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SCIM Provisioning in Azure AD to SAS® Viya® on “The Big 3”

Started ‎11-15-2021 by
Modified ‎11-15-2021 by
Views 4,159

For the SCIM “push” model to work, the Identity Provider must be able to reach your SAS Viya environment.  This post intends to highlight the ways in which we can allow Azure Active Directory access to our SAS Viya environment running on the 3 main public cloud providers; Azure, GCP and AWS.  The intention here is not to cover the entire process of SCIM provisioning since not only does our documentation cover that, but more details can be found in the following series of posts by @StuartRogers;

SCIM and SAS Viya
SAS Viya SCIM Configuration
SAS Viya Azure AD SCIM





As you would expect, configuring SCIM provisioning for Azure Active Directory to a SAS Viya deployment running inside of Azure is the simplest of the 3 configurations.  In your Network Security Group you can simply allow inbound traffic from the “AzureActiveDirectory” Service Tag.  One of the main benefits of this, which we will see later, is that this is a dynamic way of allowing Azure Active Directory traffic into our Load Balancer.  If the IP ranges used by Azure Active Directory change, then we are unaffected since the AzureActiveDirectory Service Tag will seamlessly reflect those changes.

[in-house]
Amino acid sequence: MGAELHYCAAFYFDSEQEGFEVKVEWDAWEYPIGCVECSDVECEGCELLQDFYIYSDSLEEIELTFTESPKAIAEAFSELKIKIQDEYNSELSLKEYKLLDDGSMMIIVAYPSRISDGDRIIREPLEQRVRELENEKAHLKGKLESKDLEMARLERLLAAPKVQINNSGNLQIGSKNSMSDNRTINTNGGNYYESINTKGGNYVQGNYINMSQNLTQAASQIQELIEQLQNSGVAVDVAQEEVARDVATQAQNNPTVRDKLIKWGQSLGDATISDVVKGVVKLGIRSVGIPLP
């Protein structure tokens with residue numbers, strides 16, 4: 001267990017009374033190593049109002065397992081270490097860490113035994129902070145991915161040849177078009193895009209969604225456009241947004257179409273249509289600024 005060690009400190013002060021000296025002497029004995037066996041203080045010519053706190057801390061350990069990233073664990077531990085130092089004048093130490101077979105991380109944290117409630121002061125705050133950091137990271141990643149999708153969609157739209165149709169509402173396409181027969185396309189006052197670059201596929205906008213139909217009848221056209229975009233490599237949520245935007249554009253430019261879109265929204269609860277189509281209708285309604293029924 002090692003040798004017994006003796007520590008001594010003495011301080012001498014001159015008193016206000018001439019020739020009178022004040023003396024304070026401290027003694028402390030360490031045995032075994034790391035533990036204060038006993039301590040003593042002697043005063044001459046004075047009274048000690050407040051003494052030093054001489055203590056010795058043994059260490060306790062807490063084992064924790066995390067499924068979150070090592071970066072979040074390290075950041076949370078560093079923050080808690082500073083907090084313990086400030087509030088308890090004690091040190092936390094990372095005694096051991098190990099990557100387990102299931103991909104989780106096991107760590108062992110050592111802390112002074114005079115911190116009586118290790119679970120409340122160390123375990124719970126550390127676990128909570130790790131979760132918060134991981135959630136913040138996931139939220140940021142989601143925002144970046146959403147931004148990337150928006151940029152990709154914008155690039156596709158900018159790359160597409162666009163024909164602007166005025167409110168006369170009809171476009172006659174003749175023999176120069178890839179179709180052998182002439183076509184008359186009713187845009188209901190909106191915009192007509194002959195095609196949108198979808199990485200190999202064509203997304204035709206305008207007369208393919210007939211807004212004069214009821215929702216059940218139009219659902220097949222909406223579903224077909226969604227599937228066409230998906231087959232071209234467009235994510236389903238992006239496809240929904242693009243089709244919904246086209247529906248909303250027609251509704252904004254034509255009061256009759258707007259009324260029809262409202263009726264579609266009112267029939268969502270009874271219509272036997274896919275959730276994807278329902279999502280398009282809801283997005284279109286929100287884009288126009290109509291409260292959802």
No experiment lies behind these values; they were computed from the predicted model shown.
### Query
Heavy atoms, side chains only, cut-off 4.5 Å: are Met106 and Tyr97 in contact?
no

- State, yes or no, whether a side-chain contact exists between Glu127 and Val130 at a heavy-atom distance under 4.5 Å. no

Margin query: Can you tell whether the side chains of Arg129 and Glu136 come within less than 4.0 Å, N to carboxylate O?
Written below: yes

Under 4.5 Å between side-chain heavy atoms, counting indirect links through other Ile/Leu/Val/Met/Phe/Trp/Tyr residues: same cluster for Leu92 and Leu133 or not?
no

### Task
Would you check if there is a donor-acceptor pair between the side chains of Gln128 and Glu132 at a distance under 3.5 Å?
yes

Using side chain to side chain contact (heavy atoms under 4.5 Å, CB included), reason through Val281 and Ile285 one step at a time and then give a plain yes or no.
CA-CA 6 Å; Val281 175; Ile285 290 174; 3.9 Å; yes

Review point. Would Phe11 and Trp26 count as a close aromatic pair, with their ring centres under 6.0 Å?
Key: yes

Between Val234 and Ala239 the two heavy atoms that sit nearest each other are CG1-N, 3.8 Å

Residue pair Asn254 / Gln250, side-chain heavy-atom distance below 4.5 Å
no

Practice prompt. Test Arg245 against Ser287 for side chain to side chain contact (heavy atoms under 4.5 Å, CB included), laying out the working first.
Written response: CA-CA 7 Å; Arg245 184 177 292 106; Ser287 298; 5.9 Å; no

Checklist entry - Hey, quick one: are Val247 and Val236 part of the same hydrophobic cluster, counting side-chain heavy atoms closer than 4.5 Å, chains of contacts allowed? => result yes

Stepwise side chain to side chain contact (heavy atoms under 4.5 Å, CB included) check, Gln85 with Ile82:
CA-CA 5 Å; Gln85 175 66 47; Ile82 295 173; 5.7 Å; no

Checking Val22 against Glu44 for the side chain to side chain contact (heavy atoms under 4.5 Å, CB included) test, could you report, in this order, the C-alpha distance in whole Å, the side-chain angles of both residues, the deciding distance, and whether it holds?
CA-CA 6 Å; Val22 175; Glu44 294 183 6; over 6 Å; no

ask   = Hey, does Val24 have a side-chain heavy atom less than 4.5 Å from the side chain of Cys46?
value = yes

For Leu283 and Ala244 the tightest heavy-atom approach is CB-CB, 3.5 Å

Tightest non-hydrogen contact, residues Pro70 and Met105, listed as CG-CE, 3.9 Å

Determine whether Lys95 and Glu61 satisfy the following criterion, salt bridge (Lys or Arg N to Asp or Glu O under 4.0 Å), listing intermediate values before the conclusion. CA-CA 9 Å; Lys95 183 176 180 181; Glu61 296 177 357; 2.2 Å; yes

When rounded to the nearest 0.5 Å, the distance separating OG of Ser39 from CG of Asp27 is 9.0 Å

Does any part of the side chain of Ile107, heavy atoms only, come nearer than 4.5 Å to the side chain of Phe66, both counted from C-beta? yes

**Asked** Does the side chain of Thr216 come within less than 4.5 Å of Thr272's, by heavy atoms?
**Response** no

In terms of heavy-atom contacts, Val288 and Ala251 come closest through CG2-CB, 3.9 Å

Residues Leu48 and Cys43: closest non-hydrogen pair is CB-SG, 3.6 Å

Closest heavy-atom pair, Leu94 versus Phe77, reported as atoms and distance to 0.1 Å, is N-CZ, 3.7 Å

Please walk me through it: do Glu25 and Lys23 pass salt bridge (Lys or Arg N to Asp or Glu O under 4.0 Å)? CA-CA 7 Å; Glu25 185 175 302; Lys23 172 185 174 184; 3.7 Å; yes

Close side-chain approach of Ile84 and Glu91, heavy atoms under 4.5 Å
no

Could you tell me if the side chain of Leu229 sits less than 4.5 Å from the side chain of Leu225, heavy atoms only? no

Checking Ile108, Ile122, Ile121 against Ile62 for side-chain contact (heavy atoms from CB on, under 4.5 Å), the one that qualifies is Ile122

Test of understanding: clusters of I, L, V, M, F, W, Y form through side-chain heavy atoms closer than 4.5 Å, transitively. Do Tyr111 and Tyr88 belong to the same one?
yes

When installing your ingress controller you can easily configure this by adding the following annotation to the Nginx Load Balancer service;”AzureActiveDirectory”


For example, installing Nginx via a Helm chart would look something like this;

helm install viya4 \
  --version 3.36.0 \
  --namespace ingress-nginx \
  --create-namespace \
  --set controller.service.loadBalancerSourceRanges={"<my-network-cidr>,<nat-ip>/32,<etc.>"} \
  --set-string controller.service.annotations."service\.beta\.kubernetes\.io/azure-allowed-service-tags"="AzureActiveDirectory" \


This command will;

  • install a specific version of the ingress-nginx Helm chart, since without this it will install the latest version of Nginx which is currently not supported,
  • add the loadBalancerSourceRanges spec attribute to the Kubernetes Load Balancer Service, meaning the IP ranges listed here will automatically be added to the Network Security Group associated with the Load Balancer and
  • add the azure-allowed-service-tags Annotation to the Kubernetes Load Balancer Service.  The effect of this is that the AzureActiveDirectory Service Tag will be added to the Inbound rules of the Network Security Group associated with the Load Balancer, for a nice dynamic configuration that will require little maintenance.


The result is a Network Security Group rule allowing access for the AzureActiveDirectory Service Tag;







Outside of Azure we need to start looking at the specific IPs that are used by the Azure Active Directory service, since we cannot simply tell GCP to allow “AzureActiveDirectory” as it has no knowledge of that Service Tag.  Thankfully Microsoft provide a JSON file which lists every IP range used by the AzureActiveDirectory Service Tag (as well as every other Service Tag within Azure).  This is available at;